Negotiating wages and benefits in your career not only helps secure a living but sets standards and requirements for the people you work with. This idea appears to be lost on many artists. All too often people put those requirements aside because it doesn’t feel like work. What many fail to see is how it can negatively affect not only the value others put in them but the quality of their local scene. While disc-jockeys seem to have many more responsibilities now a days, all too often they are not being fairly compensated. With no real risk or obligations set for many of these promoters we find an over-saturated market with a quantity of underwhelming events. These are the 7 reasons I believe you should never do a dj gig for free.
1. Why buy the cow when you’re getting the milk for free?
Are you handing out the goodies for free? For some, djing has turn into the dating world’s faux pas. People become questionable about the product or service they are getting when they get it for so cheap or even free. It’s important to set standards for oneself and that means a reasonable price, with requirements that everyone can be happy with.
2. Hobby vs. Pay Cheque
To you doing a DJ gig might just be this fun thing you do that feels really great. For someone else it’s not just their passion but income. If you lost your job tomorrow because someone was willing to do yours for free or even half the price, what implications would that have on the quality of your life?
3. Quantity vs Quality
When there is an over saturated market of promoters cutting corners wherever they can and artists so desperate to play they will dj for free, everyone misses out. Quality events have less attendance, quality DJs often are missed out on and it brings down the overall experience people have when they go out to these parties.
4. Undercutting Other DJs:
I like to use the example of sweatshops vs. buying local. When clubs can get their DJs for cheap or free they often stop focusing on quality artists. It’s not just a pay cut for you, but for everyone. This often means that you’ve got DJs that may need a bit more time practicing before playing out those headlining slots.
Note: While it’s not uncommon for a newer dj to do a few opening slots in the beginning of their career (year 1) as they get used to playing out live, it’s not good practice when it’s headlining slots with no pay as well.
5. Giving the DJ a bad name
While someone with more experience can create a really great atmosphere noting the settings that they are in, some of the less experienced DJs can create almost an underwhelming or overload of bad choice in music ruining the experience for others. For example: Playing heavy hitters in a lounge environment where people are drinking wine and eating their dinner.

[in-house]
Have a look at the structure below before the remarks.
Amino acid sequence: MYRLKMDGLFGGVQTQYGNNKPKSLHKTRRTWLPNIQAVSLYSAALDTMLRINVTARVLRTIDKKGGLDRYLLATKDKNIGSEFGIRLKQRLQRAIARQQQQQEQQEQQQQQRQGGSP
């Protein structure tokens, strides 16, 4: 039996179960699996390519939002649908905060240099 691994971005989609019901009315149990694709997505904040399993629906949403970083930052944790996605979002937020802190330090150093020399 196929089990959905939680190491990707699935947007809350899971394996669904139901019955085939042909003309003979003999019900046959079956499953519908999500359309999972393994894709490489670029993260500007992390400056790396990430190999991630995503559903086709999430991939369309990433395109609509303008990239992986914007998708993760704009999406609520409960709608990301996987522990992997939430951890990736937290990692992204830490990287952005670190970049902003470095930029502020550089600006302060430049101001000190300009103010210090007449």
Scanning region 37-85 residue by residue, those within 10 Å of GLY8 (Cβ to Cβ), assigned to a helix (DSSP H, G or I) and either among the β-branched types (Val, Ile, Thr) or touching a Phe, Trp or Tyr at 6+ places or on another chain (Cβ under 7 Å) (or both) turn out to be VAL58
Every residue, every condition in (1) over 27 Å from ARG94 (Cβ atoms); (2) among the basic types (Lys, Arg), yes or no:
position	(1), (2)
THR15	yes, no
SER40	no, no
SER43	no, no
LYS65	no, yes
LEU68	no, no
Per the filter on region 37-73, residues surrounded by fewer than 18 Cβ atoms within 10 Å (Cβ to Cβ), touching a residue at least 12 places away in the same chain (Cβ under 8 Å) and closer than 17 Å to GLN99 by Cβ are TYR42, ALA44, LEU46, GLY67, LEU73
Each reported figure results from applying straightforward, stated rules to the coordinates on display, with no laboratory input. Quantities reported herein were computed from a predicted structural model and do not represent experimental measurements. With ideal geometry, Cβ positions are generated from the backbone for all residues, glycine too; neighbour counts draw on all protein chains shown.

6. Your Value
If someone asks you what your fee is and you low ball it or offer it up for free, they may question your abilities. It’s like the photographer that offers you a ridiculously discounted rate, you may be questioning if they are capable of coming up with a product worth sharing in the first place.
7. No Risk No Gain
Ever hear someone say they are “doing it for the music.” What if you were actually causing more trouble for the “scene?” When there is little to no risk for a promoter there is no real drive to deliver. As talked about in Don’t Get Screwed, when djs don’t establish ground rules some promoters will walk all over them. This may even mean the djs themselves are not putting as much work into their DJ sets or promotion with no promise of pay.
When is it okay?
Sometimes your have to make a mistake in order to learn this answer. For example someone might tell you that it will be great exposure to come out and do a gig for free but fail in doing any real promotion for their event. At the end of the day, there is always a payoff. Even for the dj that does the free gig and no one shows up. To them it’s the chance to practice, put another date on their booked sheet or maybe they got some great networking done and landed paying gigs. At the end of the day you must know your value and what is worth your time. Maybe it’s helping out a friend, maybe it is trading work for work. Anytime you decide to do free work, it’s important to ask yourself, “What’s in it for me? How might it affect me in the future? What impact will it have on my scene?”
Creating The Scene You Want To Be In:
While some people think undercutting djs will get them ahead, in the long run it won’t last. When a group of people stand together and require better treatment it is a very powerful thing. As we don’t have a dj union it’s important that as individuals you set your standards. Sharing that success and knowledge to band together is just as important too. In order to create equal opportunities for all we must be the change we want to see in others. I am a true believer that when we stand together we make an impact.
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